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AAA study finds automatic emergency braking and lane keeping assistance performance can be impeded by rain

A new study from AAA finds that moderate to heavy rain affects a vehicle safety system’s ability to “see”, which may result in performance issues. During closed course testing, AAA simulated rainfall and found that test vehicles equipped with automatic emergency braking (AEB) traveling at 35 mph collided with a stopped vehicle one third (33%) of the time. Lane keeping assistance test vehicles departed their lane 69% of the time.

Depending on the type of sensor, external influences such as weather and sensor cleanliness can have various effects on operation. Specifically, radar sensors are minimally affected by rain, snow, and fog relative to other sensor types and function equally well in lighting conditions ranging from complete darkness to blinding sun. Additionally, radar sensors tend to be less affected by bugs and dirt because they are frequently placed behind plastic bumper covers. In cases where radar sensors are exposed, emitted radio energy can penetrate these particles with minimal attenuation.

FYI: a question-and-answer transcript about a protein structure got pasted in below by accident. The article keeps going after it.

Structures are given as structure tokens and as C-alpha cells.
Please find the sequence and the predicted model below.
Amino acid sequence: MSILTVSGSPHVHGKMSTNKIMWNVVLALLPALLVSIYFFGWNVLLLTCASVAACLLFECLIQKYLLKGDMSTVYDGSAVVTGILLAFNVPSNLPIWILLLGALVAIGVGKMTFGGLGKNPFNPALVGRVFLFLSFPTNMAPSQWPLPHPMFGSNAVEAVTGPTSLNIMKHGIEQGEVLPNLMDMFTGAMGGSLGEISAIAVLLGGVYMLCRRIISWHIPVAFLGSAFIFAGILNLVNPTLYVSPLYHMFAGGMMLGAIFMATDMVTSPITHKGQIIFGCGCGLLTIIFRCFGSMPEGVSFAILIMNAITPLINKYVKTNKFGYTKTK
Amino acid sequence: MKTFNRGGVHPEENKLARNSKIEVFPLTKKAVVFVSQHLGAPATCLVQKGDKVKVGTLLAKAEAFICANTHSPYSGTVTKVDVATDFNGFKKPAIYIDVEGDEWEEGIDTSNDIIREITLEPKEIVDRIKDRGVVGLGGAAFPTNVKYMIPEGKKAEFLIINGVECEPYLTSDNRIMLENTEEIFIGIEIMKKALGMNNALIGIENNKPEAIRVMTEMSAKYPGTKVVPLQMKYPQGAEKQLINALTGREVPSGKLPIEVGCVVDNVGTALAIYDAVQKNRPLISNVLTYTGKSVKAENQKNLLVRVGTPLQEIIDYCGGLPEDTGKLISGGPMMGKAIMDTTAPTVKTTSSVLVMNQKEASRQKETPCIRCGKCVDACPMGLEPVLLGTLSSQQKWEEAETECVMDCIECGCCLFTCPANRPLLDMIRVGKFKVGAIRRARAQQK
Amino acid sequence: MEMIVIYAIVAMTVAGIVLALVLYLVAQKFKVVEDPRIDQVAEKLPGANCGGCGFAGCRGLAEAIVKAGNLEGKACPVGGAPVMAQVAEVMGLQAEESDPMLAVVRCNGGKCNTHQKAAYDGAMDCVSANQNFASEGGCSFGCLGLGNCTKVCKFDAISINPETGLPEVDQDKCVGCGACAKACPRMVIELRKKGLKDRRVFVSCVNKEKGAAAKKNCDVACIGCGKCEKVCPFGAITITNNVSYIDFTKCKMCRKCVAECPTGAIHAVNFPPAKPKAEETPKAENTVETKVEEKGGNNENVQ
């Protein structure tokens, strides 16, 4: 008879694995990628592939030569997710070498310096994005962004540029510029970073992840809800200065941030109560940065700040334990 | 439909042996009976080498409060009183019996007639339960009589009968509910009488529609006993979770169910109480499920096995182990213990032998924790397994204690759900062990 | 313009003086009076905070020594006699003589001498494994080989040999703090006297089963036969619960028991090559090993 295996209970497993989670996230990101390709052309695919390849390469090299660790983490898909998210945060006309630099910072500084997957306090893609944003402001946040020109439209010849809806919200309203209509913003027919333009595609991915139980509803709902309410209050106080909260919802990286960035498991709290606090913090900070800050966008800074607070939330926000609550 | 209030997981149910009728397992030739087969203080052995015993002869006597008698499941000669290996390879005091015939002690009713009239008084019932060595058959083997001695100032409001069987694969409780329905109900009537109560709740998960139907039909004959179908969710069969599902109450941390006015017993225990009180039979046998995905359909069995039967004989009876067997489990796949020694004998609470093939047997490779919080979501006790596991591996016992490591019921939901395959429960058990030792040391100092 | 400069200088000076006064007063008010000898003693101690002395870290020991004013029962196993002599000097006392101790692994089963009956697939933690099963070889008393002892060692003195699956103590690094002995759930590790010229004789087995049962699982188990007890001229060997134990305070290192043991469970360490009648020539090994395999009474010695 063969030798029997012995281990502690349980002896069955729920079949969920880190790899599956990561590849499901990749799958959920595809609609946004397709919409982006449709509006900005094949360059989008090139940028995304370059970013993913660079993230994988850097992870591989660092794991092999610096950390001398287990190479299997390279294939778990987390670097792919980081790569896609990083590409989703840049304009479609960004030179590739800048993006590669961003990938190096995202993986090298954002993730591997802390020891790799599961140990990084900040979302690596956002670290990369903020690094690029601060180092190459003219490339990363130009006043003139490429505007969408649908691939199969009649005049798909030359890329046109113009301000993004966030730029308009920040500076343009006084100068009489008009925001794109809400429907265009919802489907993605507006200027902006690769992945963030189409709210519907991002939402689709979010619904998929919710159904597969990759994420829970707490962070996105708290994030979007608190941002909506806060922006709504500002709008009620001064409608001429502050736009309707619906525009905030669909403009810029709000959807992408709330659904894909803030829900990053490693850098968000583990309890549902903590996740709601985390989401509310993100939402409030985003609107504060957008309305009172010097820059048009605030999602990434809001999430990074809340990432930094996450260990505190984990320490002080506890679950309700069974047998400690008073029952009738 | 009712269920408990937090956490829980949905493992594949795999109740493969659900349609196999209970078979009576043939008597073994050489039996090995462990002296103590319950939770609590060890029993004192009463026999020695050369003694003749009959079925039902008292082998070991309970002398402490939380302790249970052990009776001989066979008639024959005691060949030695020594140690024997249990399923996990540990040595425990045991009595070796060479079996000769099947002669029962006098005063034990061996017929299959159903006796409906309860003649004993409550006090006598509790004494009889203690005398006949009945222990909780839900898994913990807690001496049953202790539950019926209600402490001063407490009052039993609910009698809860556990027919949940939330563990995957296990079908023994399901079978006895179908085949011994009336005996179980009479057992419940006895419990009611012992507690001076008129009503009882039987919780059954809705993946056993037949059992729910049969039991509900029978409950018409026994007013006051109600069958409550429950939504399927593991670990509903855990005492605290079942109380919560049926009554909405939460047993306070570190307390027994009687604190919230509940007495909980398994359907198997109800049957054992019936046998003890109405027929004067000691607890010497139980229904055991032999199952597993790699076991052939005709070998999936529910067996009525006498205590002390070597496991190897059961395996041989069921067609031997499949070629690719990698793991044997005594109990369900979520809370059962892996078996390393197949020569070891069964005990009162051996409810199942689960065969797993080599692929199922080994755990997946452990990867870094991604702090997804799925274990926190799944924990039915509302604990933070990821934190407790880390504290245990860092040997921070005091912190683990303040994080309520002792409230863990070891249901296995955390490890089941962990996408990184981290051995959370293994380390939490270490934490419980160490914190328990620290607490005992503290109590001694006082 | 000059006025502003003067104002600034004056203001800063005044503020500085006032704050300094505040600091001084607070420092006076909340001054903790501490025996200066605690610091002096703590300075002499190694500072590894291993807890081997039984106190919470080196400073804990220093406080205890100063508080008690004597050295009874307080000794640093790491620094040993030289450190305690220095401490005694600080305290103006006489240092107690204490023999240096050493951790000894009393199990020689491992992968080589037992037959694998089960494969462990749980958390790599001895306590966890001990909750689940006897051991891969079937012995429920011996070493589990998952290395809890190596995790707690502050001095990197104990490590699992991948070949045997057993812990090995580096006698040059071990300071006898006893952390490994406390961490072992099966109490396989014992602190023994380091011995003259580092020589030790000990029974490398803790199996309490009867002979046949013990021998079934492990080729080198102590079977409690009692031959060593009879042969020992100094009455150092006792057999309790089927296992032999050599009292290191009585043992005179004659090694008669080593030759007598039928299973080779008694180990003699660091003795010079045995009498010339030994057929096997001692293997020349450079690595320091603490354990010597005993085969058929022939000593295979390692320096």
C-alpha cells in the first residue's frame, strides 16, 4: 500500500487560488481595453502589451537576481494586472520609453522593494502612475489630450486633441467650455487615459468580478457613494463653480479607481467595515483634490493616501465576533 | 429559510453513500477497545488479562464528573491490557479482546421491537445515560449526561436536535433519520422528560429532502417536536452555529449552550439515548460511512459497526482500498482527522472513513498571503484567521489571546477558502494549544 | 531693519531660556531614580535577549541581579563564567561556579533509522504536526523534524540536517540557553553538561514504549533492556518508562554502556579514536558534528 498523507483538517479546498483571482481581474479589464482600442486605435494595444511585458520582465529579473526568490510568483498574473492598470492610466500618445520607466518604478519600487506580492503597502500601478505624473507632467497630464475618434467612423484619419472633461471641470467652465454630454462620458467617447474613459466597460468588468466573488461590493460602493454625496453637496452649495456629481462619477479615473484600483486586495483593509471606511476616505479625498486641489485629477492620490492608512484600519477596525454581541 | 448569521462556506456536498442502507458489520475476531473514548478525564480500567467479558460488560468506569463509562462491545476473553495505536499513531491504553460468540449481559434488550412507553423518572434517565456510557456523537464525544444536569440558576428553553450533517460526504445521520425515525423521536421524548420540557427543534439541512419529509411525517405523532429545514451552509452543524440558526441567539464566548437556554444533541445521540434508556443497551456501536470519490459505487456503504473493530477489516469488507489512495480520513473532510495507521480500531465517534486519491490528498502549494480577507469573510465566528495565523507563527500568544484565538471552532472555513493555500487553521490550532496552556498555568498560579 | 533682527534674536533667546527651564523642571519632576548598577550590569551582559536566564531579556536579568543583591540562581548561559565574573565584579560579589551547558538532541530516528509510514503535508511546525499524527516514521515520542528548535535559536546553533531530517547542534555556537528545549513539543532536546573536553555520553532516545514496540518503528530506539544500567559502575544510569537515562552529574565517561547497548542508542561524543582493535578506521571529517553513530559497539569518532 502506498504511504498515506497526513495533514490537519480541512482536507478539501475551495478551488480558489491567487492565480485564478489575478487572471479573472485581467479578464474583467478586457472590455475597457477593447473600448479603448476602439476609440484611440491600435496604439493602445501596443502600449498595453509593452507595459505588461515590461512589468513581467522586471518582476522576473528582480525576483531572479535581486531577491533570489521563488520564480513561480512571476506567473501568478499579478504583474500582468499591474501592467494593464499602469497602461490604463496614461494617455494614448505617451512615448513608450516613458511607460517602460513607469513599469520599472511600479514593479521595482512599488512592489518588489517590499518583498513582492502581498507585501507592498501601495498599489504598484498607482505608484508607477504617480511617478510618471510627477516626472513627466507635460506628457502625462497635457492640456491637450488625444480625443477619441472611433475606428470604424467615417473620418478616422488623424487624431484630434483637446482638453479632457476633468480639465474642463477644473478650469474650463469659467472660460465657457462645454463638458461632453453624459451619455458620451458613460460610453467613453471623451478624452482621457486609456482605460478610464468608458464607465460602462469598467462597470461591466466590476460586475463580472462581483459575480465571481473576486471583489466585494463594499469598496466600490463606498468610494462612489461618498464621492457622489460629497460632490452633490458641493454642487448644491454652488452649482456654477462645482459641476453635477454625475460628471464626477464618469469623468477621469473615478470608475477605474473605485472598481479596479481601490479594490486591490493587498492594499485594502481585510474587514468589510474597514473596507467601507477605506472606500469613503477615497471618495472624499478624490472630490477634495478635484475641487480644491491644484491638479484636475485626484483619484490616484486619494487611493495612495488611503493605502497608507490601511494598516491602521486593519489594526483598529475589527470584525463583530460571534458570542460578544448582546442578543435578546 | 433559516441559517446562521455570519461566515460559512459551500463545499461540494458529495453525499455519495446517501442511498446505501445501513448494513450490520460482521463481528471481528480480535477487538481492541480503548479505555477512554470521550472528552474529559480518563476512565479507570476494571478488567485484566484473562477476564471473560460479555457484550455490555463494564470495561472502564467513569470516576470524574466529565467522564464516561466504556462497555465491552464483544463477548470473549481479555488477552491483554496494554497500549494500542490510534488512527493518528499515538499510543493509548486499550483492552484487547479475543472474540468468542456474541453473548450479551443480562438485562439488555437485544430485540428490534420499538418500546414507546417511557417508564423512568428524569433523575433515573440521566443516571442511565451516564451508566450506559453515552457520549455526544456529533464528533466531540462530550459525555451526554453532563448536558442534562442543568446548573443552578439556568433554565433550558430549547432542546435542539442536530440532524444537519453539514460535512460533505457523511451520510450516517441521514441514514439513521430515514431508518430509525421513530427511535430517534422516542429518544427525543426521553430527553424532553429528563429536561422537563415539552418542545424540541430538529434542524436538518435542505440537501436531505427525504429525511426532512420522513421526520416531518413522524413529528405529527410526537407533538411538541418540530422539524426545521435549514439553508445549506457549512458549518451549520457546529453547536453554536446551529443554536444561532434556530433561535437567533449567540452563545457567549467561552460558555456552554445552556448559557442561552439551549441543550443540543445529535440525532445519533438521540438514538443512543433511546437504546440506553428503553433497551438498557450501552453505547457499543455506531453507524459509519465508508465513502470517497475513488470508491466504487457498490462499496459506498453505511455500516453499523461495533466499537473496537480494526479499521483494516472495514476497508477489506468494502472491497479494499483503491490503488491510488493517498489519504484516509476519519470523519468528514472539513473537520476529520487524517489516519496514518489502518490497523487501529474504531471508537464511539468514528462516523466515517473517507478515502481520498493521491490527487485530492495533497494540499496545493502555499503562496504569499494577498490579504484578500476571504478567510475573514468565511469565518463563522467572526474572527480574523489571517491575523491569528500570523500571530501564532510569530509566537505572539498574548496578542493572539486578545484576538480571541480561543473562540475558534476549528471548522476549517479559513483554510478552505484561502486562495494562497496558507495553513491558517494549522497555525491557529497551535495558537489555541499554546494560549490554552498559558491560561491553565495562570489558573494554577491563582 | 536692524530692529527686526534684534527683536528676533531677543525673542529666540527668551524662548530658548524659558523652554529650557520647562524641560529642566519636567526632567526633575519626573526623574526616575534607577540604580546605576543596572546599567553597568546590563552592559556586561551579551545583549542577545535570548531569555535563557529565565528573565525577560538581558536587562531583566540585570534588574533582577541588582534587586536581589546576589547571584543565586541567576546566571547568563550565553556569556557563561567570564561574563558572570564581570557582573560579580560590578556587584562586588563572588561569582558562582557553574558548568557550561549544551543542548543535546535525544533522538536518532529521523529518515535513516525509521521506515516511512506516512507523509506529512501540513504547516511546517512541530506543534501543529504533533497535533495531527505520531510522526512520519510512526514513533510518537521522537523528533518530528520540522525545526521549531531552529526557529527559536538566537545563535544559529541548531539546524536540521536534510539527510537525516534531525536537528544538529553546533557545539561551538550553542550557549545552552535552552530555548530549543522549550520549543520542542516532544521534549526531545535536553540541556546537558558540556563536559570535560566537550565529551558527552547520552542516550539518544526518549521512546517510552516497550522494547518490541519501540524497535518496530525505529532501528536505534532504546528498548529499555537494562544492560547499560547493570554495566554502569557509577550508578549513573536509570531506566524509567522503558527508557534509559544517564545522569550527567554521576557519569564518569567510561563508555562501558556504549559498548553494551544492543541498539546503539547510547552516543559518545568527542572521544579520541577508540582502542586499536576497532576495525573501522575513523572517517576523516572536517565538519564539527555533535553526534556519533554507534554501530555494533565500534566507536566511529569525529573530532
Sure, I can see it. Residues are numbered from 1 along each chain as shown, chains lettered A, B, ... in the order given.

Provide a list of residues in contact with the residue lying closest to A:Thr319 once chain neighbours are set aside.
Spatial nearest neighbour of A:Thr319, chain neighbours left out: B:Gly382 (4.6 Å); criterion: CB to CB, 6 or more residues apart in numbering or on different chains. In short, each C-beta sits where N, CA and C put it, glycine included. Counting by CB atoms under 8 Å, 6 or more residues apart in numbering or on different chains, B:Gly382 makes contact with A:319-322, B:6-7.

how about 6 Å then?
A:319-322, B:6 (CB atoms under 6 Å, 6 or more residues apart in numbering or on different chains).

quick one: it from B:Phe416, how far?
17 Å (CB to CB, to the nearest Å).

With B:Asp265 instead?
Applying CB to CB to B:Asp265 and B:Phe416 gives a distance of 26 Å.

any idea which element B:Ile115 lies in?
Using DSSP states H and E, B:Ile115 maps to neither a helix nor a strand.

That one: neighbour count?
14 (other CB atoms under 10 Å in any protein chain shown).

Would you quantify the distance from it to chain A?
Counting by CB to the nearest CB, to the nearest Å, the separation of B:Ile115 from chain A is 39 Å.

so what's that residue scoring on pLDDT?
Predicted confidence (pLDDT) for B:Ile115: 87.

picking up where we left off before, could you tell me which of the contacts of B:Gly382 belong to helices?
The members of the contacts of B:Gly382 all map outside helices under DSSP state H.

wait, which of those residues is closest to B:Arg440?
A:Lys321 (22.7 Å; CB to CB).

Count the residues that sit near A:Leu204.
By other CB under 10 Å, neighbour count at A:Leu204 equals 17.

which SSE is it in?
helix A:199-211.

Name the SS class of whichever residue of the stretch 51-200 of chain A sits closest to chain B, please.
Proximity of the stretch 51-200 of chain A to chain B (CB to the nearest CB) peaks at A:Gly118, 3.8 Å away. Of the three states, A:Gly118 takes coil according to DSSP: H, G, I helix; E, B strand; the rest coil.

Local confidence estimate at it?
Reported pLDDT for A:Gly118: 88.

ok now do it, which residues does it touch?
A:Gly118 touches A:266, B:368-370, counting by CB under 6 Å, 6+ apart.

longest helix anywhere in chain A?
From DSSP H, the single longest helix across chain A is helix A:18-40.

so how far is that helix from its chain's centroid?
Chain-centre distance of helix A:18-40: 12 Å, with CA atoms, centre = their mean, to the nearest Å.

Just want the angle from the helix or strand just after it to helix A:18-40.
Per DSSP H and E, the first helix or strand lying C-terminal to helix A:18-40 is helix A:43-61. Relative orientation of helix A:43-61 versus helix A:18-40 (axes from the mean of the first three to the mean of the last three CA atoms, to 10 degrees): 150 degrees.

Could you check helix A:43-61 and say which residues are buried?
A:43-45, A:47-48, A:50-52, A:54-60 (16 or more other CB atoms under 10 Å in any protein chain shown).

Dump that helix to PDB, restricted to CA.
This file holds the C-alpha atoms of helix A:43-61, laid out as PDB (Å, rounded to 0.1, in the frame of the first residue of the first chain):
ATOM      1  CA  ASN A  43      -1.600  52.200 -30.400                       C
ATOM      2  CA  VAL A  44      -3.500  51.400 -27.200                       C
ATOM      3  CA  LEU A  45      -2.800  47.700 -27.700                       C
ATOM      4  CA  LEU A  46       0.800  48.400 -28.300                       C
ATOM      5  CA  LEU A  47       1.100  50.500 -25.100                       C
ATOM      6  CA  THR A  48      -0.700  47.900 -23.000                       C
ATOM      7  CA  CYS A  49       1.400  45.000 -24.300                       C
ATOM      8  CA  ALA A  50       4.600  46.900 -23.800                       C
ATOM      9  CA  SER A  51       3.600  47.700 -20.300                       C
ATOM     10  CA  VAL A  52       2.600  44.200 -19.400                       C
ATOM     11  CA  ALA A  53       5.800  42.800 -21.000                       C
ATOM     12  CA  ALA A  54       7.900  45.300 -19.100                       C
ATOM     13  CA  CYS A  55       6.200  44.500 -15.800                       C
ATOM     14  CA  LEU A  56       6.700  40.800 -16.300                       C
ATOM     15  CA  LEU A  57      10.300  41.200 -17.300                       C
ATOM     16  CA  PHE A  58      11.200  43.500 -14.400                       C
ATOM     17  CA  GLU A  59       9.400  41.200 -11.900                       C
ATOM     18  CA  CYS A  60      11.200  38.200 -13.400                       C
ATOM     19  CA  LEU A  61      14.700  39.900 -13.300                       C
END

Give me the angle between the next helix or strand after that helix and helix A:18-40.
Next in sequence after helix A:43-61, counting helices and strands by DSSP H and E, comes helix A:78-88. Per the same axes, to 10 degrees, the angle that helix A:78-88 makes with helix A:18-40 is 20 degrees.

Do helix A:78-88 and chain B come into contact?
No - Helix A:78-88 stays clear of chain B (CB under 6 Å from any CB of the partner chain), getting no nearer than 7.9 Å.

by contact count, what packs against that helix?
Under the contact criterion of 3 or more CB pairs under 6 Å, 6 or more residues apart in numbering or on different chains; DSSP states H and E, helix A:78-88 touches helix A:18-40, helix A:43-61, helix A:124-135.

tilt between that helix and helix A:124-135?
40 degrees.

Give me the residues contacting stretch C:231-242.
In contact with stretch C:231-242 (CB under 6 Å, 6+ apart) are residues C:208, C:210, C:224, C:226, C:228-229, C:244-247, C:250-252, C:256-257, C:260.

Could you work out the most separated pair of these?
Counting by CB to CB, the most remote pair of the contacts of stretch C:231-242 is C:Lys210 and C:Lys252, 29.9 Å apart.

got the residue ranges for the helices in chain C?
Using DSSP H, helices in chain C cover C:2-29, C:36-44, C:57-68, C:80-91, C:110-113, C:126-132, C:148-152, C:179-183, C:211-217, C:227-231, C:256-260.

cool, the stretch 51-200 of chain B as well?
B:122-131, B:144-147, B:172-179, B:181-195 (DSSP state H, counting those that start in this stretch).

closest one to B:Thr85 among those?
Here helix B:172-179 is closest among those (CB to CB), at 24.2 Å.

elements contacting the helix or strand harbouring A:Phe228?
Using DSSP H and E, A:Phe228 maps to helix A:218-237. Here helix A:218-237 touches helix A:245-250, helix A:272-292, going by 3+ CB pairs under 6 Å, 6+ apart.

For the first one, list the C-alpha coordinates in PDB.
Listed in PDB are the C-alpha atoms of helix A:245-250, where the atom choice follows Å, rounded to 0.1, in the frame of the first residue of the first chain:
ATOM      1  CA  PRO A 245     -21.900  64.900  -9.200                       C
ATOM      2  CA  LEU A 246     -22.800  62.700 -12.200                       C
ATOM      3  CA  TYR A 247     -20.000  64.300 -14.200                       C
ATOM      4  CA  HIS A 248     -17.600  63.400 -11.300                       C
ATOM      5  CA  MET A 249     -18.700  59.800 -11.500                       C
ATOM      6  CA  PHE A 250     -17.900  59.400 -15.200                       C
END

However, systems such as lane keeping assistance or lane departure warning systems require integration of additional sensors because radar is not effective at discerning object detail and cannot detect variations on a flat surface, such as lane markings. Image sensors (cameras) are currently utilized for object classification and to track lane markings. Depending on the type of electromagnetic radiation (visible, near-infrared, medium wave infrared, etc.) detected by the camera, the sensitivity to weather and dirt varies. Cameras that detect energy in the visible spectrum are most affected by weather, lighting conditions, and bugs/dirt relative to cameras specific to the infrared spectrum.